After the dot-com bubble burst and there was little dirt to dish on Silicon Valley machinations -- or more accurately, few people who still cared about such intrigues -- journalist and novelist Po Bronson was at a career crossroads. Faced with fewer editorial assignments and a canceled television series, the best-selling author of The Nudist on the Late Shift, who chronicled Internet culture during its heyday for Wired and the New York Times Magazine, found himself asking the question that would become the title of his new book, What Should I Do With My Life? It's no coincidence that this career guide-cum-self-help tome hits stores on Jan. 7: It's perfectly timed to strike a chord among idealists who still draft New Year's resolutions.
Bronson's got a knack for finding ordinary folks with remarkable stories, and he profiles 50 people who found their "true calling, or at least those who were willing to try." It's a timely topic that many will find relevant, and as a former aerobics instructor (!), greeting card entrepreneur, and bond salesman, Bronson is more than capable of tackling it. Interviewing more than 900 subjects, he questions the difference between curiosity and passion, examines how family plays a role in making career choices, and considers environmental factors with a story about a country hick who finds happiness (not to mention a 20-year-old Romanian girlfriend) as a portfolio manager in the United Arab Emirates.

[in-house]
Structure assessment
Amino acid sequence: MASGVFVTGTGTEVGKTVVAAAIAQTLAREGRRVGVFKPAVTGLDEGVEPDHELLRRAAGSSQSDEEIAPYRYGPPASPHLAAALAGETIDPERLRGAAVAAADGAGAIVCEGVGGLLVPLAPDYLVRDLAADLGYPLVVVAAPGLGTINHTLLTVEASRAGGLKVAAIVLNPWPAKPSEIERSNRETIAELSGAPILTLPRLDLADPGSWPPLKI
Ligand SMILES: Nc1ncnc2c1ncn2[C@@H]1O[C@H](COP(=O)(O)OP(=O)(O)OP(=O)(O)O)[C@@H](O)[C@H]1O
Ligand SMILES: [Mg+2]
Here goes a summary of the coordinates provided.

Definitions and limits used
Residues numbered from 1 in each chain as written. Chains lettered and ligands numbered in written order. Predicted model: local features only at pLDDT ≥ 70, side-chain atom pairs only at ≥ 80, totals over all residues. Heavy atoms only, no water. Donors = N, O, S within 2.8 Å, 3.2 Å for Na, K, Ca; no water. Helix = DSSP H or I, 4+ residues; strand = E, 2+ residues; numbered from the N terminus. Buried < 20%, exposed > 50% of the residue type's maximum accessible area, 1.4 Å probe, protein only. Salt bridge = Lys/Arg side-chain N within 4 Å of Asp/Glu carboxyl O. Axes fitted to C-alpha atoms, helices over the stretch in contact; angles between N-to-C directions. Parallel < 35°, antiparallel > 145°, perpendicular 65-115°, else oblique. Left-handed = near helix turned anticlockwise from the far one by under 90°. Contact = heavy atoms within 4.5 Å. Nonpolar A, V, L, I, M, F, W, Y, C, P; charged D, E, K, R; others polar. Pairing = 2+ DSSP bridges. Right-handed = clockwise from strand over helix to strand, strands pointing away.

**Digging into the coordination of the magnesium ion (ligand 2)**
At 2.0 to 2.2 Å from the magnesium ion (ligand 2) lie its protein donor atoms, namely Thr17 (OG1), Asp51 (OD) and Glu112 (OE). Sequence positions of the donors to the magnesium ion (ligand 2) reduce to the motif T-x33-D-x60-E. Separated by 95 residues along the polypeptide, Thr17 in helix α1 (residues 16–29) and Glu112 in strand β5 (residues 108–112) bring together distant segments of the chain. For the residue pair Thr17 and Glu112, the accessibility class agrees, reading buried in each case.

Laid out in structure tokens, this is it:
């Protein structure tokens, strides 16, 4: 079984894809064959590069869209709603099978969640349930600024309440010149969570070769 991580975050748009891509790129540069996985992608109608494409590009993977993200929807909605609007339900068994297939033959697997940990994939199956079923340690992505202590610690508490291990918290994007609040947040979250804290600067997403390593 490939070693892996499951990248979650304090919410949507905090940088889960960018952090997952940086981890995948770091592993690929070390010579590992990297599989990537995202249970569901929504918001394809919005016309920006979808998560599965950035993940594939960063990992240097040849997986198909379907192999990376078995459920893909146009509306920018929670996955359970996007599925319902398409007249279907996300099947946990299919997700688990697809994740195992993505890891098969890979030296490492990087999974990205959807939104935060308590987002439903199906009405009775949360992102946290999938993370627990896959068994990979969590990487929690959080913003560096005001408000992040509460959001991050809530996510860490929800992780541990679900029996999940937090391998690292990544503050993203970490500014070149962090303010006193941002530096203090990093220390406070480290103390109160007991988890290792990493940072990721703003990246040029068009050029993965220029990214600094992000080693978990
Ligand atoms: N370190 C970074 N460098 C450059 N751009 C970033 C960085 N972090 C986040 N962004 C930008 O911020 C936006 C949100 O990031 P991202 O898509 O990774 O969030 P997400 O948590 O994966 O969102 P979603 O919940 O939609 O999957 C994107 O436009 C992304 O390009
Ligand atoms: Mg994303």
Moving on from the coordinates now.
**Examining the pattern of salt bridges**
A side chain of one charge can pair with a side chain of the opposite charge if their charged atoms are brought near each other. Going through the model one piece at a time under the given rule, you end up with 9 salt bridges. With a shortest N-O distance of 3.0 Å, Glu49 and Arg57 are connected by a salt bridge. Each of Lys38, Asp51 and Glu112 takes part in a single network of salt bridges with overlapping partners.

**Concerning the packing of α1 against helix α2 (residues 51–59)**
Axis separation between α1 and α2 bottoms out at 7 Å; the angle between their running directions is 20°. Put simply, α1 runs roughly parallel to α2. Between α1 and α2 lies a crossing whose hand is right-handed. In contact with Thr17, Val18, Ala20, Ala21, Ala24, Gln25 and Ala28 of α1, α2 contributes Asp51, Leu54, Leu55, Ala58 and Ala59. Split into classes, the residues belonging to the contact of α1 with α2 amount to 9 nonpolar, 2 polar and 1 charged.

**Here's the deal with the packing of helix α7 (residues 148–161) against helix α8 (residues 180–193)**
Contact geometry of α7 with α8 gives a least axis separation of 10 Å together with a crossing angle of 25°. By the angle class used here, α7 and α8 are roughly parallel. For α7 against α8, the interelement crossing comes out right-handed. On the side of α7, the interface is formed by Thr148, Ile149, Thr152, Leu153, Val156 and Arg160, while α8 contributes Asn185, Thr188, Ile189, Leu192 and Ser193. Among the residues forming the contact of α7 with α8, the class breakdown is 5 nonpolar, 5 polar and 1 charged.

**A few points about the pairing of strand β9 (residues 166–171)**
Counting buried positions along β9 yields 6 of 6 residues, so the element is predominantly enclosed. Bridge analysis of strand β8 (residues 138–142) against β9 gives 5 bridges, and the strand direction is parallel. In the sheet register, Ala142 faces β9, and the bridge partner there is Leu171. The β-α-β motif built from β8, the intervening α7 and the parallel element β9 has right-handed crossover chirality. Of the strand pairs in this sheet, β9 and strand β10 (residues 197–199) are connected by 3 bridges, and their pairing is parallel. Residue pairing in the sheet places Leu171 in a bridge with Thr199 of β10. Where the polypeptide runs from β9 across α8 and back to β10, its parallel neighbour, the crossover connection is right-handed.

While even bleeding hearts will cringe at Bronson's motivational speaker-style intonations -- "those who broke away from the chorus to learn the sound of their own voice" -- What Should I Do With My Life? may give you that kick in the pants you've been hoping for. Bronson asks all the right questions, and he's savvy enough to include cautionary tales of people whose risks didn't pay off, like the engineer who left a cush job at Industrial Light + Magic to start an electric-car company, but fell prey to his own weaknesses. Though I hate to admit it, What Should I Do With My Life? kept me up several nights and filled my head with wild notions of shooting for the moon, which is more than I can say for Richard Nelson Bolles' What Color Is Your Parachute?